A new prospective phase II trial suggests that immediate treatment is not necessary for all adults with advanced kidney cancer and that active surveillance may be suitable for some without the disease worsening.
Since its publication online in The Lancet Oncology (Aug. 3, 2016), the study has given credence to those who believe active surveillance and close monitoring for evidence of disease progression is suitable sometimes rather than starting immediate treatment with highly toxic anticancer drugs.
“This is something that was done, but not formally prospectively studied before,” lead author Brian Rini, MD, of Cleveland Clinic Taussig Cancer Institute, Cleveland, told Urology Times. “Patients and doctors can find some comfort in the fact that they don’t necessarily need to be treated right away. It’s obviously a clinical decision between the doctor and patient and based on the comfort level and disease, and some intangibles that are hard to objectify.”
During the time between Aug. 21, 2008, and June 7, 2013, Dr. Rini and colleagues analyzed 52 patients with treatment-naive, asymptomatic, metastatic renal cell carcinoma from five hospitals in the U.S., Spain, and the United Kingdom.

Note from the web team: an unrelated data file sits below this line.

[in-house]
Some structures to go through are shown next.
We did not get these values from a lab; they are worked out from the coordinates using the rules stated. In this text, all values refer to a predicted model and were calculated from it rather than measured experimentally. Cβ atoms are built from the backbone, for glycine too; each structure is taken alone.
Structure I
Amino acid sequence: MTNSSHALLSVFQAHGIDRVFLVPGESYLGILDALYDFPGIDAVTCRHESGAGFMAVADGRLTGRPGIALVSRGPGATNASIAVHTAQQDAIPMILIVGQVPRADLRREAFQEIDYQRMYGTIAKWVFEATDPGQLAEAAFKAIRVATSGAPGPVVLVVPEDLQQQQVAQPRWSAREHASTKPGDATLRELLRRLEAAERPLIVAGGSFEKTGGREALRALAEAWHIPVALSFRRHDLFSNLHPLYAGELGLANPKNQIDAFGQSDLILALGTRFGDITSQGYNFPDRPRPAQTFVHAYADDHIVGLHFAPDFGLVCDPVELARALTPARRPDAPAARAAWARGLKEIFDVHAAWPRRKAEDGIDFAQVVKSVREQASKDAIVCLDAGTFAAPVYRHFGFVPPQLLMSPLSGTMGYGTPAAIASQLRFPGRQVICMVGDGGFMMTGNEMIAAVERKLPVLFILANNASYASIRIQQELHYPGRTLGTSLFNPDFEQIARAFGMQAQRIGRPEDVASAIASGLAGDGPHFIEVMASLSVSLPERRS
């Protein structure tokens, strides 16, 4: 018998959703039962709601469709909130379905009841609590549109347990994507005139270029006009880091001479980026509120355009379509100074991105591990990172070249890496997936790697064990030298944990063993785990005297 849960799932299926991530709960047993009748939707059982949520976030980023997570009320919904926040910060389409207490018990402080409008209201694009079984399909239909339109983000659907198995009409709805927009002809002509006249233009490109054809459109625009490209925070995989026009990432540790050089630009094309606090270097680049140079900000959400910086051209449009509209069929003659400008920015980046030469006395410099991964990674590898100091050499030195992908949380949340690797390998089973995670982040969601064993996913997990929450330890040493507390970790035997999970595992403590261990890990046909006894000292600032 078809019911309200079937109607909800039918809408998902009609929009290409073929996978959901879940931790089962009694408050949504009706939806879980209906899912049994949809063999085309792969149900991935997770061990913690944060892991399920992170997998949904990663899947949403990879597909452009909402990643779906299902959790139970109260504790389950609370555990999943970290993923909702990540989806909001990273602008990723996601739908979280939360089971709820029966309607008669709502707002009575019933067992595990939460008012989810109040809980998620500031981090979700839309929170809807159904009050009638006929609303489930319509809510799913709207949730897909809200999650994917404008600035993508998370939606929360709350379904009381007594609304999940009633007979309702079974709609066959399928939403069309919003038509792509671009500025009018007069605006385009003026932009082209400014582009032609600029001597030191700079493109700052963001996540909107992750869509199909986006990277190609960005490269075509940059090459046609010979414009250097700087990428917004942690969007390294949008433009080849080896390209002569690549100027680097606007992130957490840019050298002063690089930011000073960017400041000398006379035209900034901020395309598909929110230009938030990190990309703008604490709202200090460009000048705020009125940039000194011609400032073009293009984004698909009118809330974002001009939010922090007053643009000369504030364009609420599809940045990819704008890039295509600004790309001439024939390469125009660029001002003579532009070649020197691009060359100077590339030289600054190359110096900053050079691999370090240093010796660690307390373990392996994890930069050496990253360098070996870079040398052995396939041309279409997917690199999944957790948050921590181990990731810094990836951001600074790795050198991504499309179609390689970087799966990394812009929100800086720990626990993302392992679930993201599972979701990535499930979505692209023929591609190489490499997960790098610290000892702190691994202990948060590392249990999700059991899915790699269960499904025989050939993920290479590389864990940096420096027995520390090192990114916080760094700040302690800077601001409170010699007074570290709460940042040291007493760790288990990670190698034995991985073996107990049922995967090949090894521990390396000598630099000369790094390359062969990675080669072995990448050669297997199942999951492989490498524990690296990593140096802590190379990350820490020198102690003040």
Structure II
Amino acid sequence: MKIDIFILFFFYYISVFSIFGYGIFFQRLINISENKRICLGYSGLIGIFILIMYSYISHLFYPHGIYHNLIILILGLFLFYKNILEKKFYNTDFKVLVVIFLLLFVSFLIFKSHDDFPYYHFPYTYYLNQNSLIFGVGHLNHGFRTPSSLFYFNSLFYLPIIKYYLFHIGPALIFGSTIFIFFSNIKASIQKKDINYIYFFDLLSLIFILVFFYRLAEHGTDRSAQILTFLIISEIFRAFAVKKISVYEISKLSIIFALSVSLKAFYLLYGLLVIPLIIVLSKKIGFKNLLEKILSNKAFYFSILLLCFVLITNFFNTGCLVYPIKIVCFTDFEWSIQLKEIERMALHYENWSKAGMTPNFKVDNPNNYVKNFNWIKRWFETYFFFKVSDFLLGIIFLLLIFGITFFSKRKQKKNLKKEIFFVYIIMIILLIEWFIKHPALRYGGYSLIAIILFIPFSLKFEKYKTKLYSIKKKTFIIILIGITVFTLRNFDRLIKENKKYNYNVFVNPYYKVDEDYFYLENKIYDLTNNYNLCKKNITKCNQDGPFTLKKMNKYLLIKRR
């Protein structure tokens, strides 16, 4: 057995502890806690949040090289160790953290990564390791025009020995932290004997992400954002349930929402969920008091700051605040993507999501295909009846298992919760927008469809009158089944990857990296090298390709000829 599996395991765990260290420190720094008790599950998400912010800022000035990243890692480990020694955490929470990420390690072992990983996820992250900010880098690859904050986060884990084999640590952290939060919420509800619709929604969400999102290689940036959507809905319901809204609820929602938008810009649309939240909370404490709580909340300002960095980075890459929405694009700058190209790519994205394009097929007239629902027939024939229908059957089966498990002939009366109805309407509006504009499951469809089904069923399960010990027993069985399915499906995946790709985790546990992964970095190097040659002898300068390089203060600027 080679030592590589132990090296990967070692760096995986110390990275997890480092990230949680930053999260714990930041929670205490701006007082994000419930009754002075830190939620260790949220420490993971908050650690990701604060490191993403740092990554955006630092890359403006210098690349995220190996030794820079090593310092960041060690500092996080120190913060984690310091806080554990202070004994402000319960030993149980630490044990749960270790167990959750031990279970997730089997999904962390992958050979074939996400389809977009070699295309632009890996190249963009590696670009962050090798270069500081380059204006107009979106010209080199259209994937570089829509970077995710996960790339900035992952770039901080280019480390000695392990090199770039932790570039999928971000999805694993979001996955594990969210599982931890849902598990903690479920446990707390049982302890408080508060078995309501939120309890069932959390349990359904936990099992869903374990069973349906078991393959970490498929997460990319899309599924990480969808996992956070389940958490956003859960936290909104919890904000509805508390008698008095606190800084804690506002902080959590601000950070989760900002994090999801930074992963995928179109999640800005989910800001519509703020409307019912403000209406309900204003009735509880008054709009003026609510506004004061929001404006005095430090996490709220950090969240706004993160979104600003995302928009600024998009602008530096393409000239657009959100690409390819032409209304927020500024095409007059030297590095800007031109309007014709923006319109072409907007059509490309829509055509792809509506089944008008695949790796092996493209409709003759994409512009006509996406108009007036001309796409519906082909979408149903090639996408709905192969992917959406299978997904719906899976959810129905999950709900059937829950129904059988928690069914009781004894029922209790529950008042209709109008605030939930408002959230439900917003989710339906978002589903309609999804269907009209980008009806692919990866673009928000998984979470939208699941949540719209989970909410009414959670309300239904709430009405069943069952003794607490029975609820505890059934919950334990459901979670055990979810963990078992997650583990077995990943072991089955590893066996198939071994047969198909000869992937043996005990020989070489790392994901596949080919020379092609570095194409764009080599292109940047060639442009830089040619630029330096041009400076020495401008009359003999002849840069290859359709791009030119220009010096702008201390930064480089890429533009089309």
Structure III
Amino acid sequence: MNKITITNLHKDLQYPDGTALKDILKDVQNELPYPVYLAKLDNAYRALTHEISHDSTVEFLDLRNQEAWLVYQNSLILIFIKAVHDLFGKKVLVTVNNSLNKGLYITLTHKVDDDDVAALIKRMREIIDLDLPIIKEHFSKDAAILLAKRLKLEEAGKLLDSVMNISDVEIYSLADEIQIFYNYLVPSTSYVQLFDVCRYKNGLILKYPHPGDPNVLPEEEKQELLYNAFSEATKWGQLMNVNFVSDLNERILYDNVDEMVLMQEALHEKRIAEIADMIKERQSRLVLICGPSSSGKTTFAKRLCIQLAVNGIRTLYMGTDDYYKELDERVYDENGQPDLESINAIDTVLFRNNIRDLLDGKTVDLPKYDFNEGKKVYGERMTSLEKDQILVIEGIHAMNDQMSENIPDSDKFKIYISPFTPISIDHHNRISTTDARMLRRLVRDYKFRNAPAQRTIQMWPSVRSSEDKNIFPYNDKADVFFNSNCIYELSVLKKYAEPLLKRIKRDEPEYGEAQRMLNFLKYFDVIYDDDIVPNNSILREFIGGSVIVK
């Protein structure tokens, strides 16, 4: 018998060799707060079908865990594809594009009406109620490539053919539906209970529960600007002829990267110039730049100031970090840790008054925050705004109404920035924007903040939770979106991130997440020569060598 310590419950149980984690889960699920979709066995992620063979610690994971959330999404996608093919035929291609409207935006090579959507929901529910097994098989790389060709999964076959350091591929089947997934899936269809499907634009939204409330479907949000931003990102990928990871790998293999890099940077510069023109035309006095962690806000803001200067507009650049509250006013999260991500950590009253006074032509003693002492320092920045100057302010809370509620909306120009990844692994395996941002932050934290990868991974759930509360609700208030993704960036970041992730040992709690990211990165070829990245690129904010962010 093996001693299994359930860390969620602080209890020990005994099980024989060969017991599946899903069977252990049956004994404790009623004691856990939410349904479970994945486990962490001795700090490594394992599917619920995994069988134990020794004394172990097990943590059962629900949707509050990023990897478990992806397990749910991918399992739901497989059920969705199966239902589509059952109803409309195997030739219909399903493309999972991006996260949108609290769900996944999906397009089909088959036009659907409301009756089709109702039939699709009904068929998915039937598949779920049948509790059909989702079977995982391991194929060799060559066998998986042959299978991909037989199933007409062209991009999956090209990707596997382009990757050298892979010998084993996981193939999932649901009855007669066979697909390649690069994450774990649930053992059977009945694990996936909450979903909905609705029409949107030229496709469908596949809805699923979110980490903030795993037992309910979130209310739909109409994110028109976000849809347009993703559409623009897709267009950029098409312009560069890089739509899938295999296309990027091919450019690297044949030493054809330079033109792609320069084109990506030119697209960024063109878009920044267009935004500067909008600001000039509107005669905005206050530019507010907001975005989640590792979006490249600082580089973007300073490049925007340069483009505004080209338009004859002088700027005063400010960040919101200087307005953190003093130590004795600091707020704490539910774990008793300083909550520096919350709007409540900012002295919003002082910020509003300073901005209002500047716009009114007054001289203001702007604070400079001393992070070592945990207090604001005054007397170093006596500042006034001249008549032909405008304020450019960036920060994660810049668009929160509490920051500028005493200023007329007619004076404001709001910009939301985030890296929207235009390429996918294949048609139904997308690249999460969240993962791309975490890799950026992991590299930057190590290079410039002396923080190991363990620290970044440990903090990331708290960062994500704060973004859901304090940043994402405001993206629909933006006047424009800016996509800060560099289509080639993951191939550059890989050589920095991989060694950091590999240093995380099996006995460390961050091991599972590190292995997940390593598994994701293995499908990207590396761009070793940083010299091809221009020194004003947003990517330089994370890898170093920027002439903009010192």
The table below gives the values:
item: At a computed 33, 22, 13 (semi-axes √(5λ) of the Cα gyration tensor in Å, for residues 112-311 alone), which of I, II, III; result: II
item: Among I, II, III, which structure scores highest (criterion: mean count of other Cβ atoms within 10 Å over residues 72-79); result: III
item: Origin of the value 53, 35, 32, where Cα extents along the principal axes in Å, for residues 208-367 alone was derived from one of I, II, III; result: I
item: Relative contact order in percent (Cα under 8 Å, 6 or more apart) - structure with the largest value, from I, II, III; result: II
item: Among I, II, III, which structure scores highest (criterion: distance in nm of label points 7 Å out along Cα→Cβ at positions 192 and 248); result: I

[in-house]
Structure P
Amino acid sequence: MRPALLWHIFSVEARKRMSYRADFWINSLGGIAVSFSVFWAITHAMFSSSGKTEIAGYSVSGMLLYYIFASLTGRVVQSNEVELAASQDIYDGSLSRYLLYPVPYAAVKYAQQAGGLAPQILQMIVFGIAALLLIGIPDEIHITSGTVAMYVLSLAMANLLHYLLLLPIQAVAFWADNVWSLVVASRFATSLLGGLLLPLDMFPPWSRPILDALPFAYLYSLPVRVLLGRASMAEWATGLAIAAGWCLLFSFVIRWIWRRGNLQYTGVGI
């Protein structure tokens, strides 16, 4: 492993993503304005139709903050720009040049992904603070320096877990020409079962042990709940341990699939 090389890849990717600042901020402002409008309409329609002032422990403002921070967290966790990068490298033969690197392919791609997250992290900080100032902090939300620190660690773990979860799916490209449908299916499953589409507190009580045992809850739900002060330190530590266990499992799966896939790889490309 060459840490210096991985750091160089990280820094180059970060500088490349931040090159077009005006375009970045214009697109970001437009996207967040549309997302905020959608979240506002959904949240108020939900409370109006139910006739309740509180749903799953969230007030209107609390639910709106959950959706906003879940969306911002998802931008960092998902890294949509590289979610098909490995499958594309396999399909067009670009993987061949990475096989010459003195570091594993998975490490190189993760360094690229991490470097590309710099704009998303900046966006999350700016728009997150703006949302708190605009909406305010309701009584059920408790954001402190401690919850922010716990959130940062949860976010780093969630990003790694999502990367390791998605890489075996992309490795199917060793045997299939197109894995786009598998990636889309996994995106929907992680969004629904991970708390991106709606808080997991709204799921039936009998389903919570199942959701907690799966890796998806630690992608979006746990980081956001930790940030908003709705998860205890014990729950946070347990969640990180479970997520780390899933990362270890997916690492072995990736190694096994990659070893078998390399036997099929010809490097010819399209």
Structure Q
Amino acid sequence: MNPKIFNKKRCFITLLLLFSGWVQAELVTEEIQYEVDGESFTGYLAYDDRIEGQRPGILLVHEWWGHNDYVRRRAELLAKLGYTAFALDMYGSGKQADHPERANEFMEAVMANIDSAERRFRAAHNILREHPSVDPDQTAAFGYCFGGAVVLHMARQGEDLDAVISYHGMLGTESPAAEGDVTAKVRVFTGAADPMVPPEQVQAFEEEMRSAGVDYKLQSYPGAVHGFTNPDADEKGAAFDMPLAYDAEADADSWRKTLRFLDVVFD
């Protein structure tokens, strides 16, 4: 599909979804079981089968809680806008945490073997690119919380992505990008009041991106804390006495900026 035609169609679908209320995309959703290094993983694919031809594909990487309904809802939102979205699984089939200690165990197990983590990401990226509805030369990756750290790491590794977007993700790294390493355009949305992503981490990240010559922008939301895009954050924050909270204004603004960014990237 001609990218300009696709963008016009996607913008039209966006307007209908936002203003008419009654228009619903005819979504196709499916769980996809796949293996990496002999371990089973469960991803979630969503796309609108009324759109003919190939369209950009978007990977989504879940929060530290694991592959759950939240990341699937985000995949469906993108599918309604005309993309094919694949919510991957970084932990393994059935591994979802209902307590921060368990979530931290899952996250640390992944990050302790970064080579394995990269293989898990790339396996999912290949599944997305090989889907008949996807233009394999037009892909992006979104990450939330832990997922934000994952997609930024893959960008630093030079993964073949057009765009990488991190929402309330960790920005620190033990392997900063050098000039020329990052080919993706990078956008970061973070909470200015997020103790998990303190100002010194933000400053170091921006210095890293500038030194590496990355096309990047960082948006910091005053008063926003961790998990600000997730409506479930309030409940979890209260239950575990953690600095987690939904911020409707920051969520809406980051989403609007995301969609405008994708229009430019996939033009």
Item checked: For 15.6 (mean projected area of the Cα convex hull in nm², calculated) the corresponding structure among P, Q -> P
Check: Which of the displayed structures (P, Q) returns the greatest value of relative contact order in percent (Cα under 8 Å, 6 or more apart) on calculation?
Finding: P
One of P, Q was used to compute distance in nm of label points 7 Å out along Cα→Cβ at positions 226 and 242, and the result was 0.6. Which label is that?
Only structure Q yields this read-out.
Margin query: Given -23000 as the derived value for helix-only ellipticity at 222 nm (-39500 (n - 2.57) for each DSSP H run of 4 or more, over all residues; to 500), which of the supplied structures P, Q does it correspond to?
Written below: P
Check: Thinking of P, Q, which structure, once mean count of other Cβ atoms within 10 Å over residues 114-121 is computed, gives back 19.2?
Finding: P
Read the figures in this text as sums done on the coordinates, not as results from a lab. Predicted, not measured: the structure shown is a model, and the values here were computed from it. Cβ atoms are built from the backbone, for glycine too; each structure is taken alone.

The patients were put under surveillance and radiographically assessed at baseline every 3 months during the first year, every 4 months for the second year, and every 6 months thereafter. The patients continued on observation until initiation of systemic therapy for metastatic renal cell carcinoma.
On average, the authors observed patients for a little over a year. There was a cohort of patients only observed for one or two scans, said Dr. Rini, as well as a cohort who were observed for many months to over 3-4 years.